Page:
"My husband," C.J. says, "they don't allow felons or sex offenders here anymore. I was here a few years ago, and they would accept everybody. They accepted you as long as you could pay the bill."

In early February Harris quietly instructed the building's management to no longer consider applications from prospective tenants with felony convictions. That goes for those on the state or federal sex-offender registries as well — guys like C.J.'s husband. Management isn't kicking out current tenants, but recently released convicts with serious records can no longer turn here.

Not everyone feels sympathy for these men and women. For obvious reasons, the Mark Twain has a bad reputation among its downtown neighbors. Restaurateur Justin Shire pulled his business out of the neighborhood as a direct result of the hotel.

"One of the things I wonder is, how many perpetrators of crimes downtown live or recently lived at the Mark Twain," he wrote in a letter to the St. Louis Post-Dispatch in 2010. "It's my personal belief that as long as institutions like the Mark Twain are based downtown, it will be difficult for downtown to attract and (more importantly) retain residents and businesses."

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Jennifer Silverberg
Upstairs.

Phyllis Young, the alderwoman for downtown's 7th Ward for the past 29 years, acknowledges that every so often, debate over the hotel rears its head once more.

"Some years ago, there were all kinds of concerns because people were going online and finding that sexual offenders were living there," she says. "But there hasn't been, as far as I know, significant issues of crime that have come to my attention. The police are watching it."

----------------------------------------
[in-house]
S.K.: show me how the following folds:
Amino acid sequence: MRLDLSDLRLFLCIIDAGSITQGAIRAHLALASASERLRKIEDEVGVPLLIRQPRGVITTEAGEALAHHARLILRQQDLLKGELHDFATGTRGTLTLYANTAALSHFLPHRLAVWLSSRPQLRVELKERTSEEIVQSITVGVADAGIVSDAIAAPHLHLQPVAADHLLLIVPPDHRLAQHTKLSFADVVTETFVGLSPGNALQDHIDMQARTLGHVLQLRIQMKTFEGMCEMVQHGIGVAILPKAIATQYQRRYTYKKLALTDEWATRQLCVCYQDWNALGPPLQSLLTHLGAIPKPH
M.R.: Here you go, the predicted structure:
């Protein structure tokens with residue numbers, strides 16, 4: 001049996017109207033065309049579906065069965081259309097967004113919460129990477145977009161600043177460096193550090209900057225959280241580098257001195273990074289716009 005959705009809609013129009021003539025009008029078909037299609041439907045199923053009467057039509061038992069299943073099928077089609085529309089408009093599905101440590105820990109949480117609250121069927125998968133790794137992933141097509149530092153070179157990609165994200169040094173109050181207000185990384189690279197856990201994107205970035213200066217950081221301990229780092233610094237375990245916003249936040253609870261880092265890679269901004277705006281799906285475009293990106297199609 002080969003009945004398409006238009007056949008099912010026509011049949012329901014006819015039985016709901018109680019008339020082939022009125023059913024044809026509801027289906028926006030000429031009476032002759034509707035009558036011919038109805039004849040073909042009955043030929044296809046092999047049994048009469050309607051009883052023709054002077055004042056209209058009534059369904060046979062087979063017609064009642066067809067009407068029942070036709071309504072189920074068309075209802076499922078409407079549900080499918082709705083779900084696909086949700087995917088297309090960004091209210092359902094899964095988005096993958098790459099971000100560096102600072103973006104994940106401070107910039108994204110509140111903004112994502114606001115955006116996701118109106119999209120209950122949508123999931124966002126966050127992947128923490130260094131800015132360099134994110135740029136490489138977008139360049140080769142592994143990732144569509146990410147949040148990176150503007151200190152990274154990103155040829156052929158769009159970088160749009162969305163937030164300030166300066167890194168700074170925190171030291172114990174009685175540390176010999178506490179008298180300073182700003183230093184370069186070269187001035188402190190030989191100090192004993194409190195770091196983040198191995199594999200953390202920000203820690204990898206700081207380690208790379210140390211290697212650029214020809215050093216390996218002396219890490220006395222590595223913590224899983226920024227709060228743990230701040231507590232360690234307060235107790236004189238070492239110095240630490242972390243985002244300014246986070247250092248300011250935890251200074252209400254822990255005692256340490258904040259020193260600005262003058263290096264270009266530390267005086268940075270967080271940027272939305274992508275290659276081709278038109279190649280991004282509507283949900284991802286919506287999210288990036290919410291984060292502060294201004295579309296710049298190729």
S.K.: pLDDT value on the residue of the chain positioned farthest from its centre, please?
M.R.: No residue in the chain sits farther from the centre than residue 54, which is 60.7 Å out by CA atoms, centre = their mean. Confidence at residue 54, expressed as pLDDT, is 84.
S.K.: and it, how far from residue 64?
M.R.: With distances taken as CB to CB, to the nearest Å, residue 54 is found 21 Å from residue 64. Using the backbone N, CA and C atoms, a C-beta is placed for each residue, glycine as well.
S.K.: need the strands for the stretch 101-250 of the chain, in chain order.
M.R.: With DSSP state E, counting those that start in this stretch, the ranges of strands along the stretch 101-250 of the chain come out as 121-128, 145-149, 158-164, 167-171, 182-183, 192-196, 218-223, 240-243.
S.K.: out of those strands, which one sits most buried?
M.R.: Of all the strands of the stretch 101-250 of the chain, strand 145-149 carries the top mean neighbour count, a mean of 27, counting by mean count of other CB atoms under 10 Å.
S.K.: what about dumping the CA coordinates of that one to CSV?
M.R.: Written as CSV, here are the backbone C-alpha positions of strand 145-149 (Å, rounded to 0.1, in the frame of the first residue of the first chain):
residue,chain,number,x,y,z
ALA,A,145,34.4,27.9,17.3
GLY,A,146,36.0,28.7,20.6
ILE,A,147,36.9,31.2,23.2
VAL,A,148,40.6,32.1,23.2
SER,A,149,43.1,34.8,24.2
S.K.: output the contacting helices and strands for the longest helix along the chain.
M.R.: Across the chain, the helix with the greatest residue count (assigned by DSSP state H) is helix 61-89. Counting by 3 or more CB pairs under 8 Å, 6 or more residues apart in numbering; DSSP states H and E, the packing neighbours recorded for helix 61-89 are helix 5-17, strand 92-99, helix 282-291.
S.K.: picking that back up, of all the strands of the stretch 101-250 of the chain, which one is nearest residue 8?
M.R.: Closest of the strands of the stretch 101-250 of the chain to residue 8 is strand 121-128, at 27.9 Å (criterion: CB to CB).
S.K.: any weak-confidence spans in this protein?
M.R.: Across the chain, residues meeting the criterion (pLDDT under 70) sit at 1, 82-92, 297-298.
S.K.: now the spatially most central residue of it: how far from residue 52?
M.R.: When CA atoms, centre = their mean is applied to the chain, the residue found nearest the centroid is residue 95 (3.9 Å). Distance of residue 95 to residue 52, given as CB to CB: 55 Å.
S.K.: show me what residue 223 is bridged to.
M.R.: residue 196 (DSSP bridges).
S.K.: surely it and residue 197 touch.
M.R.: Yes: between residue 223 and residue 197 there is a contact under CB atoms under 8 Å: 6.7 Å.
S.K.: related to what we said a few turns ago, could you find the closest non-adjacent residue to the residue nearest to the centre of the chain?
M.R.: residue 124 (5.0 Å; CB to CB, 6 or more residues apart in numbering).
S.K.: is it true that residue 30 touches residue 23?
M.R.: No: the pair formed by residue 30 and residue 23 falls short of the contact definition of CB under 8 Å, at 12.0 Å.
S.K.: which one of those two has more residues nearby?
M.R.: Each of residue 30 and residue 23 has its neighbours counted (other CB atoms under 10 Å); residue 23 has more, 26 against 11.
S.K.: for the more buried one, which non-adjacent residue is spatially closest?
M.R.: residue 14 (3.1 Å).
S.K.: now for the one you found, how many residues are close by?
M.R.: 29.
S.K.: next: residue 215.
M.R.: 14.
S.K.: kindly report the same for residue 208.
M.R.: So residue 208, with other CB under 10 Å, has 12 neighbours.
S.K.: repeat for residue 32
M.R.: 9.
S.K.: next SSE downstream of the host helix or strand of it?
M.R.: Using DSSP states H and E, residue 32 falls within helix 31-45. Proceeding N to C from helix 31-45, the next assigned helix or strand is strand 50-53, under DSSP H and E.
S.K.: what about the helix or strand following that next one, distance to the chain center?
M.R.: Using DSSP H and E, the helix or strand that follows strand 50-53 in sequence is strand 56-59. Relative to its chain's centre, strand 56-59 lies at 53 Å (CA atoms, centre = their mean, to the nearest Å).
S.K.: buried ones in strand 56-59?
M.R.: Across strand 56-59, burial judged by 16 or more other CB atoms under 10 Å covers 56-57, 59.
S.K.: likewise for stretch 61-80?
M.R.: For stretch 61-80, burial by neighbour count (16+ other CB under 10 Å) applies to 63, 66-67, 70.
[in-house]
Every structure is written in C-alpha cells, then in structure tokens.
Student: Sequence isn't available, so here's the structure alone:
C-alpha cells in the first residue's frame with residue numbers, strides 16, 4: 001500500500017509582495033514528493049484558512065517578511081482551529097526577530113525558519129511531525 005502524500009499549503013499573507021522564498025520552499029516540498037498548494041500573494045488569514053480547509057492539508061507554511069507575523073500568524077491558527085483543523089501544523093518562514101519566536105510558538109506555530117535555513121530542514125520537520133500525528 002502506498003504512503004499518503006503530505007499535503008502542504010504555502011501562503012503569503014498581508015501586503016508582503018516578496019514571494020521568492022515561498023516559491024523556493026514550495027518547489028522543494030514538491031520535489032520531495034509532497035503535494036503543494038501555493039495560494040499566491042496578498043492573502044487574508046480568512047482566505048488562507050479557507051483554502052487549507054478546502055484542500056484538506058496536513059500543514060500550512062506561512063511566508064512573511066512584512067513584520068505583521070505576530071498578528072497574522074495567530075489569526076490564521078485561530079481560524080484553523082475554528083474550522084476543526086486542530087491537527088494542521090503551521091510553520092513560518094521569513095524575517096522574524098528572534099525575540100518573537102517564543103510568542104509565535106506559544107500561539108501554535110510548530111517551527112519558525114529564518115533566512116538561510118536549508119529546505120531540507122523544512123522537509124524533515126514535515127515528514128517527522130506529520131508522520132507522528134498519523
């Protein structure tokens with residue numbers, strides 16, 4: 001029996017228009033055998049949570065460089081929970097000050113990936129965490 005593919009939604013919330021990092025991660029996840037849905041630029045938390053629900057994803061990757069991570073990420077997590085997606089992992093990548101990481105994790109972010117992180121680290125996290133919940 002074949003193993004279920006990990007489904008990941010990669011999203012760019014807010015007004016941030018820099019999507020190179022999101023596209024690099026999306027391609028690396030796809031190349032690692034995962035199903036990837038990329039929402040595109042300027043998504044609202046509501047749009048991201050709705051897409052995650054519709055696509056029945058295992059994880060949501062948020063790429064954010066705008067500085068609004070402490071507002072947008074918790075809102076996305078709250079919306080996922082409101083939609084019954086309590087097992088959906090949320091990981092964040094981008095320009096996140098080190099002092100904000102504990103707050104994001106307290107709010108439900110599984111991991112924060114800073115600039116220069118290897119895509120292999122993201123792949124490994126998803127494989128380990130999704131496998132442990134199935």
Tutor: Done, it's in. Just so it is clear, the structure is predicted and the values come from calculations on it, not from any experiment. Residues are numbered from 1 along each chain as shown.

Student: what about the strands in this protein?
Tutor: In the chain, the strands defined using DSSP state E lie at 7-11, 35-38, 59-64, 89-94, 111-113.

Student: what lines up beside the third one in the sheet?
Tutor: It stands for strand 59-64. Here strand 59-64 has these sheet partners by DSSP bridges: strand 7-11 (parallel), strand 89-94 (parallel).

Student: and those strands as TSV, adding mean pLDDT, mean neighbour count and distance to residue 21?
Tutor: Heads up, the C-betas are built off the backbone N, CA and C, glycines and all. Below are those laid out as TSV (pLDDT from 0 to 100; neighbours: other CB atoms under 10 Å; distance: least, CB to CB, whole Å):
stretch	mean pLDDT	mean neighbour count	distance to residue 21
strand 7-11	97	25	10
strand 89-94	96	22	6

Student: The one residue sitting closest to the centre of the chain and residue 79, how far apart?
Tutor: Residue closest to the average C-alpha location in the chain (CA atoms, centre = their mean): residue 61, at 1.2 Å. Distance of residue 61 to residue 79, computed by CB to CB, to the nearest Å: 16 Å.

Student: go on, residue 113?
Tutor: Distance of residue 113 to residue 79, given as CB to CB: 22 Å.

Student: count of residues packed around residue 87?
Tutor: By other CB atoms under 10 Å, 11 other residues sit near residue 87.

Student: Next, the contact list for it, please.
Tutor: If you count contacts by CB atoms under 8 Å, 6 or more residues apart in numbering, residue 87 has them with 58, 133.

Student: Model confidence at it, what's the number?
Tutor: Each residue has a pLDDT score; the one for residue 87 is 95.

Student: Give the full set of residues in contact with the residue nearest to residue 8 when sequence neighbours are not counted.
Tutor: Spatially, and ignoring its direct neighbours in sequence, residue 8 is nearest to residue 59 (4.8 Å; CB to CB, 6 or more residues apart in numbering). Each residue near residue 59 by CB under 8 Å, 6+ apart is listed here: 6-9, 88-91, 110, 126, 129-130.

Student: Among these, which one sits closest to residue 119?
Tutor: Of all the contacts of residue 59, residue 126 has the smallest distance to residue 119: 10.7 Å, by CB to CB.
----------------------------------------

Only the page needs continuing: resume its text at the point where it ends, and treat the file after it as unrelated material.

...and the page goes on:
Back outside the hotel, C.J. is joined on the bench by Rob, a trim man with a baritone voice and graying hair. He's been living at the Mark Twain for six months and has a job at a nearby gas station. He's got a clean record. Like C.J., he was briefly homeless before finding refuge at the hotel.

"Most places around here are $1,200, at the least, that's what they're building up to as far as downtown is concerned," he says. "This is going to have a major impact."

For now, tenants like Rob and C.J. are not in jeopardy. But the changes are sparking rumors among residents that soon rates will be increased, or that the building will be sold to the Saint Louis University School of Law. (SLU tells Riverfront Times it has no such plans, but this rumor persists.) And Harris wants the hotel to cater to a very different market in the near future: St. Louis' growing population of tech workers.

Rob worries evictions are coming.

"The city is squeezing," he says. "When you come out onto the streets, you just can't get into an apartment, you can't get a job, it's really, really hard. It's a high probability that they will not be able to go anywhere else."

Rob, C.J. and many other Mark Twain residents have, at one time or another, stayed at Reverend Larry Rice's embattled New Life Evangelistic Center, a homeless shelter on Locust Street seven blocks west. None of them want to go back. And yet Rob guarantees one thing about Mark Twain's most borderline residents, should the hotel close its doors to them.

"They're going stay downtown."